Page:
I. I love you. Three words which I say regularly to those I care for deeply, my Oh and my four kids. Unless of course I’ve a few drinks, after which I may also say them with deep feeling to my dog.

J. The first letter of the first name of my only bridesmaid, Jeannine. A friend I made early in my nursing training, who now lives in America. Someone who was there for me during one of the most difficult times of my life, as I watched my dad suffer with Motor neurone disease. I lost him six weeks before my finals, and my friend was there for me every step of the way. She is someone who will always be dear to me, regardless of distance.

K. Nothing coming to me here, except Krap, or Kool, or Kerry!

L. Last night was a great night. We travelled to West Cork and lived it up. We may have had Prosecco and lost track of time, deciding to have another before getting ready to go out, only to discover we were already late for our booking. West Cork time is very deceiving.

Allihies Village, hidden among the mountains.

Allihies Village, hidden among the mountains.

M. Most of what I write is not thought out in advance. I just sit down, open my laptop and decide there and then what I’ll write. Sometimes it might be better to think a bit first, but you who read are always kind!

N. Yes you all know I was a Nurse but I’m not sure if you know I fainted almost daily for the first nine weeks. In the end the ward sister placed chairs about the ward corridor for me to sit on to try to break the habit. It was a big hospital, but the word spread and one day in the lunch queue I heard a fecker of a student doctor saying “Better get her her lunch quick she could faint at any moment”.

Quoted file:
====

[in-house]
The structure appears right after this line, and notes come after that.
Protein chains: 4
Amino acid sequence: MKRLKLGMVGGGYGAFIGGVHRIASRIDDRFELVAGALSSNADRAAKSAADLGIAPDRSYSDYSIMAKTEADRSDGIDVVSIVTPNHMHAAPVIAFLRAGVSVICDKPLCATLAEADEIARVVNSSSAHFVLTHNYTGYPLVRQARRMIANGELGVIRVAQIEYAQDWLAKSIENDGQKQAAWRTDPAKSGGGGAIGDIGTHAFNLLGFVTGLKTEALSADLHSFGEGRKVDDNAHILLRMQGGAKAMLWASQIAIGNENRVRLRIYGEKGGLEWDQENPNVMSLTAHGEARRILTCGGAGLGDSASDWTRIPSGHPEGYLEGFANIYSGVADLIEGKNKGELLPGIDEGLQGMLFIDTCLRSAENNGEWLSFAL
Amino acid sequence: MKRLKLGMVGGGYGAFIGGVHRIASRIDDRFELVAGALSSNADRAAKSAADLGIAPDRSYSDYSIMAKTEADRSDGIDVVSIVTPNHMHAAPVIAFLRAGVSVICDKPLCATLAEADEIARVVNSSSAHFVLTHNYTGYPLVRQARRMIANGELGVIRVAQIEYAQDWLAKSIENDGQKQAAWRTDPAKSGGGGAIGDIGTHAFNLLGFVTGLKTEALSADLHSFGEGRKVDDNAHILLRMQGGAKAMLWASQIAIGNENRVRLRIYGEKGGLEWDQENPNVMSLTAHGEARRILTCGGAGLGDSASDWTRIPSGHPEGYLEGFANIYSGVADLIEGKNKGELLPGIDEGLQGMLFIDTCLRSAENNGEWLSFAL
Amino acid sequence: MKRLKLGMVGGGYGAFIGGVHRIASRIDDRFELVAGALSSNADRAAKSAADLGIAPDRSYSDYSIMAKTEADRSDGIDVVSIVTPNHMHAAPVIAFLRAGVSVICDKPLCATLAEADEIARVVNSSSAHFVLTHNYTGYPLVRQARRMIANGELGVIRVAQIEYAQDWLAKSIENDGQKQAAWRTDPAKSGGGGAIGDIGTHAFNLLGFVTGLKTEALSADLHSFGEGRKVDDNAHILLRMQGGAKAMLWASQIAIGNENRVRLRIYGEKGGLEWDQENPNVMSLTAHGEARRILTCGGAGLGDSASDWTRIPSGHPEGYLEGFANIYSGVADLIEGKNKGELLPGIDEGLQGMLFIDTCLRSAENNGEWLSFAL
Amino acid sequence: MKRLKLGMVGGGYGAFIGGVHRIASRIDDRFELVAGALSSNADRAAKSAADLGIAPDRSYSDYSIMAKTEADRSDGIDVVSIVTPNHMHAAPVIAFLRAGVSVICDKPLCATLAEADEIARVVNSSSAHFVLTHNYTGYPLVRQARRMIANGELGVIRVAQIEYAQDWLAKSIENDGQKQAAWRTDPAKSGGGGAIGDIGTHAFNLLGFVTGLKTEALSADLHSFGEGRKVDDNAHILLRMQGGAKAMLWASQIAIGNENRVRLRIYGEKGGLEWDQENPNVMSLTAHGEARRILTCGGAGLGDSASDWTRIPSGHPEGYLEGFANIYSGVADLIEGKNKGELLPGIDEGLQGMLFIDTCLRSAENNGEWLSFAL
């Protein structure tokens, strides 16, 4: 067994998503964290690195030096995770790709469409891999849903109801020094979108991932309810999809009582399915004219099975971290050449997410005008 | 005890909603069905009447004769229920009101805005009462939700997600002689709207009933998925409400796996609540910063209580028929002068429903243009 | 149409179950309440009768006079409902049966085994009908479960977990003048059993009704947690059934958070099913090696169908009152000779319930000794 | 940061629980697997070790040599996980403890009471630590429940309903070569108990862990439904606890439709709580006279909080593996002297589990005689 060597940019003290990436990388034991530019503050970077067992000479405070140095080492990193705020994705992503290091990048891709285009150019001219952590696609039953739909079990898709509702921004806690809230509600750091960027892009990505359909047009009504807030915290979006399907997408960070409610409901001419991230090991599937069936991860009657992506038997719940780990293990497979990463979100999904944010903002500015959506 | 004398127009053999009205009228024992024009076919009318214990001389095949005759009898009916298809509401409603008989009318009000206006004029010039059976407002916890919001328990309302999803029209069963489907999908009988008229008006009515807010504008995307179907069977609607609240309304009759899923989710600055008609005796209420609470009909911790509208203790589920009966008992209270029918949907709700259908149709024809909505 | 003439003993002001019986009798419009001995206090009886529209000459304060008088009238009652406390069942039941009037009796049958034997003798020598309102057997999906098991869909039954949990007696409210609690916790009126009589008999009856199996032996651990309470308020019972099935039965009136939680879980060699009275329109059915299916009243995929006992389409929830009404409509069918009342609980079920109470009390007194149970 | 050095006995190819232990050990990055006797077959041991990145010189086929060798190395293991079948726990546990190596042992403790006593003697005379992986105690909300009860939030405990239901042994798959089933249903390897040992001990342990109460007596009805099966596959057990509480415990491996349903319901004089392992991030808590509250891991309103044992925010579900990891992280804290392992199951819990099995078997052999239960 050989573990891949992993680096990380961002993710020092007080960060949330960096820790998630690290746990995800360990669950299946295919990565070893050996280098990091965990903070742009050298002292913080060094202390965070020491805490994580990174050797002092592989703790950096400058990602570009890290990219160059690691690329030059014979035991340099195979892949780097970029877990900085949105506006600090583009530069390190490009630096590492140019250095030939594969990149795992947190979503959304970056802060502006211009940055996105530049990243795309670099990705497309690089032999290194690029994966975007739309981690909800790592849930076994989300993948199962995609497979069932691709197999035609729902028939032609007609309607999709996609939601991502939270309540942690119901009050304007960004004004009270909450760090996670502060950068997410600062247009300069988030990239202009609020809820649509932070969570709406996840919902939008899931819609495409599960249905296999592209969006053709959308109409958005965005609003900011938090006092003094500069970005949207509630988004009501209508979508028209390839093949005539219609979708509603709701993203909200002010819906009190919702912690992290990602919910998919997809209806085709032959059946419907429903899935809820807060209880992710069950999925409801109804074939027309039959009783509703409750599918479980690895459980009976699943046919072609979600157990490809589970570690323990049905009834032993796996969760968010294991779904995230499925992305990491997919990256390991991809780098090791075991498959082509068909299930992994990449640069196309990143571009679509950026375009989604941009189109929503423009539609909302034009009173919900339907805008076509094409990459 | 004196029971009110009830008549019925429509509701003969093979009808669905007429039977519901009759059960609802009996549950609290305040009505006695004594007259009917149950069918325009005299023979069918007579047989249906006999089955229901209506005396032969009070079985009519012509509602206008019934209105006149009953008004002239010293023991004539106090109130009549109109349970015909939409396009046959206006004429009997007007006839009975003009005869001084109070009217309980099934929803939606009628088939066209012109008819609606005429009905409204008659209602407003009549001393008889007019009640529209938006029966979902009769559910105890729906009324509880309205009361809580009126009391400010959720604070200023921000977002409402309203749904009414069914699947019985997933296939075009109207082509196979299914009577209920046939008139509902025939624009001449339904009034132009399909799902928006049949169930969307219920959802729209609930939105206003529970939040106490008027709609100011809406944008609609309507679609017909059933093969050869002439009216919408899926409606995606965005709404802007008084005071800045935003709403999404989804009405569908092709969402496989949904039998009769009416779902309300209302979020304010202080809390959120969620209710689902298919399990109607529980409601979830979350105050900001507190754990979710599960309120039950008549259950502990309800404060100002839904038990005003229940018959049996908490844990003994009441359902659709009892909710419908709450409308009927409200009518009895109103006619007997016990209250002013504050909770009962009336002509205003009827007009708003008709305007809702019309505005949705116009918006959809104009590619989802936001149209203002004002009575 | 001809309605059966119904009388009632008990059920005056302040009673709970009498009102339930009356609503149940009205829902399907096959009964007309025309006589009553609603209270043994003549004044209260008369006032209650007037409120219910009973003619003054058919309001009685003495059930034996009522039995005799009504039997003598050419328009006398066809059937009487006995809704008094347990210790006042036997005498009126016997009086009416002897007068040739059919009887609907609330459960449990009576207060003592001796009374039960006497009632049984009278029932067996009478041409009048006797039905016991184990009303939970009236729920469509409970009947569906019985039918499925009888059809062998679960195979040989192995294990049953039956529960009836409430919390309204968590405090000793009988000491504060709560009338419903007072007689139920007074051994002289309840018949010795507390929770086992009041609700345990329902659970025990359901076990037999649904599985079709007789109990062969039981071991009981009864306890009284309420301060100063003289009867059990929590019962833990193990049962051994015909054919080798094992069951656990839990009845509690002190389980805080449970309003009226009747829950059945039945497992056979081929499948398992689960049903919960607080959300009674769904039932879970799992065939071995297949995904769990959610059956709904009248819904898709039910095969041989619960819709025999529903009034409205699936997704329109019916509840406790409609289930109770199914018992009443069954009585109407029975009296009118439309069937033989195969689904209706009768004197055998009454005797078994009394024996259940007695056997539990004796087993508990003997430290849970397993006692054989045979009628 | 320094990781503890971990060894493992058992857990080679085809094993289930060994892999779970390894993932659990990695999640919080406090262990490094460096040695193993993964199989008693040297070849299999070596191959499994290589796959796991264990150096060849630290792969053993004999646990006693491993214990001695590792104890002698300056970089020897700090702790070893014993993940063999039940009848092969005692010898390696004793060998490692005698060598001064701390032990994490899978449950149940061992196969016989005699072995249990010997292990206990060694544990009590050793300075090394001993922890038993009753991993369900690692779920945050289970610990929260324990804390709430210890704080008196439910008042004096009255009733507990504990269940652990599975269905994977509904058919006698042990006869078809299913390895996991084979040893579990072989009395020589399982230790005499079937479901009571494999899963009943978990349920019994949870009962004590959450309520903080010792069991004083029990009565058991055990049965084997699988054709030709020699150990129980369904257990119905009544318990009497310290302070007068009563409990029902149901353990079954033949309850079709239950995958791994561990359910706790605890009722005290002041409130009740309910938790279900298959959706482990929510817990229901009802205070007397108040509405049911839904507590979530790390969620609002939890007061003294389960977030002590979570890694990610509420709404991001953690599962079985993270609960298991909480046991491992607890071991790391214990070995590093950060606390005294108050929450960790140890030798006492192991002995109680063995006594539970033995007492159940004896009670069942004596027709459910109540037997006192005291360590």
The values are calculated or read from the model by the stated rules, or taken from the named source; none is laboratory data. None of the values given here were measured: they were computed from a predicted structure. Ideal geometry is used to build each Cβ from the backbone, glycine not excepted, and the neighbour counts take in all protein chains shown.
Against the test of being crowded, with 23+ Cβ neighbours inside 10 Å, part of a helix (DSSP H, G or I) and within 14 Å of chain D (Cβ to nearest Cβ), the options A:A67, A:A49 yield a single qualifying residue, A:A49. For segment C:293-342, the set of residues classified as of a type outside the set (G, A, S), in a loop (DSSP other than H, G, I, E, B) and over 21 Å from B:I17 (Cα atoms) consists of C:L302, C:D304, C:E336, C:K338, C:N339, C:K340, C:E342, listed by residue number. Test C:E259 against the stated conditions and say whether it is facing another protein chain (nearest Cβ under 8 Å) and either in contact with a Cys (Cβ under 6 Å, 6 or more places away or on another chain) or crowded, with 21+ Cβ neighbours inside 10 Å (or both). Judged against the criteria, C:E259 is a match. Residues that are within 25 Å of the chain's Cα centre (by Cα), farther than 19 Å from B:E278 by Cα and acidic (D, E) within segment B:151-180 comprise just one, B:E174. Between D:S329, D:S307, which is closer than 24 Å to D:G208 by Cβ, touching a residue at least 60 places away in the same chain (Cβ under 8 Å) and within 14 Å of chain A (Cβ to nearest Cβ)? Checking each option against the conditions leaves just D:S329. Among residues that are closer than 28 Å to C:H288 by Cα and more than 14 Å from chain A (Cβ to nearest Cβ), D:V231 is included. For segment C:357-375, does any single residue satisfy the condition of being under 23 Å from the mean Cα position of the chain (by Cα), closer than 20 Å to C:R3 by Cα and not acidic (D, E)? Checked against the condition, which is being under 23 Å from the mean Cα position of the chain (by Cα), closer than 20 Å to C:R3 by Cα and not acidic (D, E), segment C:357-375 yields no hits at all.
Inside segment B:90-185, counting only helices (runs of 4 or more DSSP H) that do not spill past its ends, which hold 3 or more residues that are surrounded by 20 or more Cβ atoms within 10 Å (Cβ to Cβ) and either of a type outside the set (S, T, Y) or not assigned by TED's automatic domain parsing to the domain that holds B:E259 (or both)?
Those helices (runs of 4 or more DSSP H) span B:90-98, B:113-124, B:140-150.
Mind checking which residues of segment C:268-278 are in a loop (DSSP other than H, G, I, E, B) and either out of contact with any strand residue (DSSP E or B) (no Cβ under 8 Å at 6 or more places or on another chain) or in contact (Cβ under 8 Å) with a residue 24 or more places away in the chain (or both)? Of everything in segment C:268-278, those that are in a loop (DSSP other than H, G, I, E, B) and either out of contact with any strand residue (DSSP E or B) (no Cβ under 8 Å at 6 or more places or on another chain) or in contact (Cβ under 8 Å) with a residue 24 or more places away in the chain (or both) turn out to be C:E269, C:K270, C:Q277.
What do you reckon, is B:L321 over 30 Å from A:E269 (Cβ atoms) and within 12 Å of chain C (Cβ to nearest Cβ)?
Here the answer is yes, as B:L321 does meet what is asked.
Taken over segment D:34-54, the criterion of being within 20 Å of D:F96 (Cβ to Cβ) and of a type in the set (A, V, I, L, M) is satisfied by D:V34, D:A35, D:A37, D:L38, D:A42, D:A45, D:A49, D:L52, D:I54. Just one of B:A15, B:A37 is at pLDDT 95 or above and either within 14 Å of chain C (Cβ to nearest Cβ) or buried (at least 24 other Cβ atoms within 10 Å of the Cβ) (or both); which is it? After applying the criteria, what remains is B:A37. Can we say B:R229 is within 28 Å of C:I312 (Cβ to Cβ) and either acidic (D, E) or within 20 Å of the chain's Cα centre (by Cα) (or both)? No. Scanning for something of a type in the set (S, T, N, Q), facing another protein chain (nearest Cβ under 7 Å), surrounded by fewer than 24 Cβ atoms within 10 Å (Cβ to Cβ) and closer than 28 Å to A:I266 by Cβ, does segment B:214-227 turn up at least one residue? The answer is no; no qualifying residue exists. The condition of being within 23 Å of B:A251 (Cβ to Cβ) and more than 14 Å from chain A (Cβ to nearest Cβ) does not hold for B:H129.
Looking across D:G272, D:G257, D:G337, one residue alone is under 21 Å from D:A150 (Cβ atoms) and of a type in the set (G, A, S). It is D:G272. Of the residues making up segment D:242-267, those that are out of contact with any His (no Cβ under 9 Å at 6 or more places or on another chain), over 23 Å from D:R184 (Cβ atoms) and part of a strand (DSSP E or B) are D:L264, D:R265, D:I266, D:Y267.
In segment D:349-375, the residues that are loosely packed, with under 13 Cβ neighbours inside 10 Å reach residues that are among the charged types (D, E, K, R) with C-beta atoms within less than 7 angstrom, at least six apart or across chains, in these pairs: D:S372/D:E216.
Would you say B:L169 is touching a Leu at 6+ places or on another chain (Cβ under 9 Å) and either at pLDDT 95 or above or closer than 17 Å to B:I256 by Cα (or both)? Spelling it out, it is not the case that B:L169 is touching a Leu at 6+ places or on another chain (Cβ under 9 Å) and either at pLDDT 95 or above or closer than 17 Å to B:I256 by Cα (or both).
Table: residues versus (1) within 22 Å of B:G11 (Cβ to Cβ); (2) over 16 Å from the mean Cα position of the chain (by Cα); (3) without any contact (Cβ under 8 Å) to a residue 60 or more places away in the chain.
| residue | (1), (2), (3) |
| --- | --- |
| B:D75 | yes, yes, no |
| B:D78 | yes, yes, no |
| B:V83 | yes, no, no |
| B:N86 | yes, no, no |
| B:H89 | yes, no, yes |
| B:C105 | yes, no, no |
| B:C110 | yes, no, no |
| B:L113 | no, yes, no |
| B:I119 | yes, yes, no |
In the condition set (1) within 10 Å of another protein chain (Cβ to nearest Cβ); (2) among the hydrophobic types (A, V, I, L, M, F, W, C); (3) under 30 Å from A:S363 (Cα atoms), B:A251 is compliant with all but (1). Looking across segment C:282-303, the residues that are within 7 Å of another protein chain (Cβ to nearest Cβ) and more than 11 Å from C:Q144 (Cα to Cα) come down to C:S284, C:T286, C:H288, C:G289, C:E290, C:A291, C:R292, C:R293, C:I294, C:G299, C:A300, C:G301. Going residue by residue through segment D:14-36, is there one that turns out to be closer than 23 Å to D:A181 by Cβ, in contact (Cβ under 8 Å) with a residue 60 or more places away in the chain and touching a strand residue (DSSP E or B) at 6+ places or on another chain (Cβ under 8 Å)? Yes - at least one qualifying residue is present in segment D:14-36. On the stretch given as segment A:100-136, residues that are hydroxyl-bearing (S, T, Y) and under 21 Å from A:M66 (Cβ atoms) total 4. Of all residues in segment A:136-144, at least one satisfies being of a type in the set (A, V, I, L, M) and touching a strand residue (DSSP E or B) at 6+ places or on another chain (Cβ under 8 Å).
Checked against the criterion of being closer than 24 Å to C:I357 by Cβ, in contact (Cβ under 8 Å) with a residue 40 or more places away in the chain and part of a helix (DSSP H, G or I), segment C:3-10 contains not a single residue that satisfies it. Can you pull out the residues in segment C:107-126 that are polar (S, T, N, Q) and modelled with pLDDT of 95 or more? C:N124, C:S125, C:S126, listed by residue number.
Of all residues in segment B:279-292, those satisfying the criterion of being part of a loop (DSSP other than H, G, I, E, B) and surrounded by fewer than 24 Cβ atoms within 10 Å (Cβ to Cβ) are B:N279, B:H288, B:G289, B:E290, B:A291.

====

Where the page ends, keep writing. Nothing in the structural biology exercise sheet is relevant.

O. The name of my oldest friend, who I am back in contact with online thanks to facebook. Orla and I were childhood pals and she introduced me to swimming. A sport I am passionate about to this day.

P. My biggest ambition is no secret I’m sure, one day, some day, I want to be a Published author. That means I need to sit down and write serioulsy. I keep saying I will, but now I believe I am, but don’t hold your breath.

Q. This is a ridiculous letter and I’ve no good story about a Queue or a Queen.

R. I hear every day mothers and others say they didn’t sleep last night. My mum had a saying ‘A Rest is as good as a sleep’. I have always found it a very soothing thought on sleepless credit: <a href="">2000-158-19 Medal, Olympics, 1920, Antwerp, Gold, Reverse</a> via <a href="">photopin</a> <a href="">(license)</a> Try it.